I have found phonics helpful for ELLs, even if they are speaking and reading on grade level. Spelling in English often eludes them, even if they do a lot of reading. Teaching some basic phonics rules helps tremendously.

I work with students one-on-one, which allows me to adjust to individual needs. Students with learning disabilities often improve dramatically in reading, writing, and spelling when phonics is introduced.

Jane Nov 18, 2023 07:59 PM

Thank you for this. Could you give more information or give direction to accessing Sharon Vaughn’s work concerning vocabulary and comprehension instruction for ELLs? I’m not sure whether or not the book “Research Based Methods of Reading Instruction for ELLs” is what you are referring to.

Betty Clemens Nov 18, 2023 09:09 PM

What condescending comments, you get ! I always appreciate your answers, which are "right on", always. My question is when did we reject grade level instruction and why? Hope you will address this for me. If we can't pinpoint grade levels in teaching, why do we use grade levels in testing? Many states are ignoring standardized testing, seemingly, to avoid telling teachers, students, and parents the awful truth. Criterian refernced testing avoids that truth. What do you think? Thanks.

Timothy Shanahan Nov 19, 2023 03:16 PM

Grade level reading instruction started to fall out of favor in the 1910s and by 1950 it had become accepted truth in the field that many students should be taught with texts under grade level. The approach has persisted despite research showing it to be more effective to teach kids with grade level texts.


Timothy Shanahan Nov 19, 2023 03:31 PM

Jane-- Besides the study cited above, here are several other studies she has conducted on that population. Her book may summarize many of these studies.


Vaughn, S., Mathes, P. G., Linan-Thompson, S., & Francis, D. J. (2005). Teaching English Language Learners at risk for reading disabilities to read: Putting research into practice
Learning Disabilities Research & Practice, 20(1), 58–67.

Vaughn, S., Swanson, E., Fall, A.-M., Roberts, G., Capin, P., Stevens, E. A., & Stewart, A. A. (2022). The efficacy of comprehension and vocabulary focused professional development on English learners’ literacy. Journal of Educational Psychology, 114(2), 257–272.

Cho, E., Capin, P., Roberts, G., Roberts, G. J., & Vaughn, S. (2019). Examining sources and mechanisms of reading comprehension difficulties: Comparing English learners and non-English learners within the simple view of reading. Journal of Educational Psychology, 111(6), 982–1000.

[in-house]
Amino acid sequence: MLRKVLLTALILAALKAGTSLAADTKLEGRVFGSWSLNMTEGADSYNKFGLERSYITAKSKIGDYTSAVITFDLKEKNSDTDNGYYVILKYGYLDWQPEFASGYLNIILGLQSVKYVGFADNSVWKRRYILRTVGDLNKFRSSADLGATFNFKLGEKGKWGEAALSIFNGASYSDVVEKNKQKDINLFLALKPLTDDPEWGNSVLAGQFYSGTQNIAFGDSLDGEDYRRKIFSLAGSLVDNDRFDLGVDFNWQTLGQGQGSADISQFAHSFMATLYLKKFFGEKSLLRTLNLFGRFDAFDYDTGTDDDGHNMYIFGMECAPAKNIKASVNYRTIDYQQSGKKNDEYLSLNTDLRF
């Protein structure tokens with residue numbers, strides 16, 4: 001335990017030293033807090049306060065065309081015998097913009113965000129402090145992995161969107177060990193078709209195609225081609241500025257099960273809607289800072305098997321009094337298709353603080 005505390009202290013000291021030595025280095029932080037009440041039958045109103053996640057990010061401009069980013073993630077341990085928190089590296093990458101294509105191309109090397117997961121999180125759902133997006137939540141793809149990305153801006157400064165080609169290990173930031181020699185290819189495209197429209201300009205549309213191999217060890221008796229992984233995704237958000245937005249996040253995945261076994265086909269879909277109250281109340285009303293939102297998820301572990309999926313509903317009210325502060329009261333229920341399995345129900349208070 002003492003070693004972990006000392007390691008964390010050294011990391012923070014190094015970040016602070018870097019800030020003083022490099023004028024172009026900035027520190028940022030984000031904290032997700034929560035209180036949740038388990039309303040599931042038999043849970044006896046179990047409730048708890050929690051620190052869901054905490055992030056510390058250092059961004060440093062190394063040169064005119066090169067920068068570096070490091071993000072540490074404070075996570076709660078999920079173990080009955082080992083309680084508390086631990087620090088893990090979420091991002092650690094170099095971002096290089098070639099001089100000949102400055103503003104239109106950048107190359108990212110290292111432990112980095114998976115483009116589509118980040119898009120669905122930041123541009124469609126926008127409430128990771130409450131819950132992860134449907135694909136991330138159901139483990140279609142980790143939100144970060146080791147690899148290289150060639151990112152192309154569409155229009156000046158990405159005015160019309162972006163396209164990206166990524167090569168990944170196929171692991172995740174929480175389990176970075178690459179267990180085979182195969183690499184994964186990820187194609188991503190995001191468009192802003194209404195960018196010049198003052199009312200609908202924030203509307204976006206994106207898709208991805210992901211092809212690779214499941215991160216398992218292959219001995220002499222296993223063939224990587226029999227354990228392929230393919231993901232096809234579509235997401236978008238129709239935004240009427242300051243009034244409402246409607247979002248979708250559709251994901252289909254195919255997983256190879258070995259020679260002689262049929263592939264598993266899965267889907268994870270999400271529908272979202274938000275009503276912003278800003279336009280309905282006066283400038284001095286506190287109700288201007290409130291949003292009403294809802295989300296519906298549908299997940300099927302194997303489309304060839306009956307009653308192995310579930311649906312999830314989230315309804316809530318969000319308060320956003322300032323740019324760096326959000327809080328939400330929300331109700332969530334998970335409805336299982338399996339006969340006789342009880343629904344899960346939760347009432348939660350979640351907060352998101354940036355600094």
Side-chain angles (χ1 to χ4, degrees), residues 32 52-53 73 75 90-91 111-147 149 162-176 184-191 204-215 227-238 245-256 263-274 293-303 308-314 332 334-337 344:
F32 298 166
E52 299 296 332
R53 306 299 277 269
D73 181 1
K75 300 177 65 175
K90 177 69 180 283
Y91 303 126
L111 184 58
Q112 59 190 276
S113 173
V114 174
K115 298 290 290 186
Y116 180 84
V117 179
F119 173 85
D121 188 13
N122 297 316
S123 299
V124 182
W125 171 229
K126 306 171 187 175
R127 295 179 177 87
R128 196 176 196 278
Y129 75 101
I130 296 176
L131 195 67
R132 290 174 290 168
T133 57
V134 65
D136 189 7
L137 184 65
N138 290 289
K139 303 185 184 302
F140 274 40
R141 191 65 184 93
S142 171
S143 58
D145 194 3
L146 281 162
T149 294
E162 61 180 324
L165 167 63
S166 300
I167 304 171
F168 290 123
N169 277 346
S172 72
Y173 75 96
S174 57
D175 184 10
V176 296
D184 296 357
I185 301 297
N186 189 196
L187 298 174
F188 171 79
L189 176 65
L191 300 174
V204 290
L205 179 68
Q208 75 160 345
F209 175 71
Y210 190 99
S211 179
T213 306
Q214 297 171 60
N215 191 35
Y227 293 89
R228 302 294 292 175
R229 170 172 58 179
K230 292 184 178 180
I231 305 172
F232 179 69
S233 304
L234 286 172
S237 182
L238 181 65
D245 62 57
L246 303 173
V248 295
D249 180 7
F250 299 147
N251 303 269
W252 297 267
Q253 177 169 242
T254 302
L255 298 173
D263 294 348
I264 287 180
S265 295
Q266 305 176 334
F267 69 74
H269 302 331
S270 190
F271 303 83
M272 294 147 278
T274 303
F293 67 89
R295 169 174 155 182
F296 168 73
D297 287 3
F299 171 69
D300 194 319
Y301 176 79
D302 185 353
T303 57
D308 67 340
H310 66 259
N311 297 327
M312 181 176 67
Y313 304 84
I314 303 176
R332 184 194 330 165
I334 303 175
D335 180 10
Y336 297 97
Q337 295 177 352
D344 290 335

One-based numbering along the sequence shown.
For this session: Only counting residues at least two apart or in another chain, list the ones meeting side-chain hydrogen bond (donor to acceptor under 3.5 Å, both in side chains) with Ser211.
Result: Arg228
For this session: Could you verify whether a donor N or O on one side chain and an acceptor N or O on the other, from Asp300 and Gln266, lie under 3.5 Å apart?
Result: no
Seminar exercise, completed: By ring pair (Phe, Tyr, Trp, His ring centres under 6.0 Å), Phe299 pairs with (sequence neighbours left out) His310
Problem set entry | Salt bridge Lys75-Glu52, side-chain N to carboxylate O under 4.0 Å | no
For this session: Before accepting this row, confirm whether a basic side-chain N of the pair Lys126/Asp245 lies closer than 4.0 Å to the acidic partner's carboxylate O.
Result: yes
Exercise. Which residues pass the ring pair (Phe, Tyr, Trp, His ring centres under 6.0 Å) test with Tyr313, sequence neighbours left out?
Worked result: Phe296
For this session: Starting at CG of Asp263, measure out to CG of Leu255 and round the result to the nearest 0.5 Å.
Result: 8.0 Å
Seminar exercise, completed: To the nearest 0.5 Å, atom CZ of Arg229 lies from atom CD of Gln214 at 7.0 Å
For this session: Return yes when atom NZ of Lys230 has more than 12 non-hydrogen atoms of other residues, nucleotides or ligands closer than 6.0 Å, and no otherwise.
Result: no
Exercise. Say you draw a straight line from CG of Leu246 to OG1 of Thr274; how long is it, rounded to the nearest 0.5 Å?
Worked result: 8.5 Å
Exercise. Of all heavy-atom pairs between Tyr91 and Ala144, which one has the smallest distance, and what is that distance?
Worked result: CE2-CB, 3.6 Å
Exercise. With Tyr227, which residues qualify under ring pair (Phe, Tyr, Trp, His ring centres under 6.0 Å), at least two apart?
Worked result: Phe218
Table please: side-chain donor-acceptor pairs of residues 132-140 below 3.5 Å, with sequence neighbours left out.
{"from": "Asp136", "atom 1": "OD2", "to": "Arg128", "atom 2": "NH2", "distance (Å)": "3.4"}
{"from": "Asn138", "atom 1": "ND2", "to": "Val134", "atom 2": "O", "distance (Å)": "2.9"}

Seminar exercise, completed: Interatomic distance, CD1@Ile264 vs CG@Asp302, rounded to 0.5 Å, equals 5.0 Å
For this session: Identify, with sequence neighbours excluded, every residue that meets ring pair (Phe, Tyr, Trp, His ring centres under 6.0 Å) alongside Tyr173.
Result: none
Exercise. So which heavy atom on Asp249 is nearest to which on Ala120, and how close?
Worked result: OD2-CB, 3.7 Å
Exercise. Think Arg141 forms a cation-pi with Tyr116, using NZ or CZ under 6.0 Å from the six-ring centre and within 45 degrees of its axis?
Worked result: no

Vaughn, S., Martinez, L. R., Williams, K. J., Miciak, J., Fall, A.-M., & Roberts, G. (2019). Efficacy of a high school extensive reading intervention for English learners with reading difficulties. Journal of Educational Psychology, 111(3), 373–386.

Donna Villareal Nov 19, 2023 04:33 PM

Thank you for circling back to the topic of literacy instruction for multilingual English learners. Direct instruction of sound symbol correspondences is critical. We also need more information about those correspondences that are different for English learners due to their previous experiences in other languages and cultures. For example, some sound symbol correspondences may not exist/conflict or otherwise challenge students as they navigate differences between codes. Teachers need to recognize and understand the challenges of multilingual learners learning more than 1 language code/dialect-or at least respect the challenges and collaborate with TESOL specialists.

Sara Dewey Nov 20, 2023 01:49 PM

You mentioned that Sharon Vaughn has an intervention for EL's. What is it called? Where can I find it? I tried looking on her website but did not find it.

Timothy Shanahan Nov 20, 2023 02:35 PM

See my response to Nancy and there is also a reference to Vaughn's work above.


Stephen Young Nov 21, 2023 09:27 PM

Could you please elaborate on the phrase, "substantial high-quality instruction in meaning." Is it vocabulary and sentence structure instruction? I would appreciate an example of a program you think does this well for English Language Learners.

Timothy Shanahan Nov 21, 2023 09:34 PM

The most obvious feature of language that second language learners need to master is vocabulary but syntax, cohesion, and structure also all are important. I am a big supporter of using programs, but I do not make program recommendations. If you search through my blogs you will find a lot of information about how to teach vocabulary, sentence comprehension, cohesion, text structure, etc.


Jen C. Tucker Nov 22, 2023 04:06 AM

"Indeed, explicit phonics instruction is beneficial to English Learners. Another conclusion of that Shanahan & Beck review was that the effect sizes for teaching phonics to ELs were lower than for teaching native speakers."
Speaking from 30 years of experience in successful work with young students learning easily, young students with learning difficulties, ELs, and older high-achieving students who read and spell inefficiently, the lower effect sizes would be related to knowledge and perception of vowel sounds, native-speaking students being less apt to struggle with the vowel system of English. The peculiarities of the vowel system and its perception constitute a variable that is more complex than phonics instruction.

Nicole Kennedy Nov 22, 2023 06:00 PM

Where can we find more information about the reading intervention that Vaughn and her colleagues came up with?

Timothy Shanahan Nov 22, 2023 08:13 PM


Dr. Vaughn has developed and researched several interventions. I have cited several of her studies in these comments and I would recommend that you check out your favorite bookseller to examine her many books on the topic.


vasan City Acadamey Jan 08, 2024 12:24 PM

Interesting blog about teaching phonics to English learners! Shanahan on Literacy offers insightful analysis from a well-rounded standpoint. We appreciate you bringing up this crucial subject and adding to the current dialogue in education.

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Should We Teach Phonics to English Learners?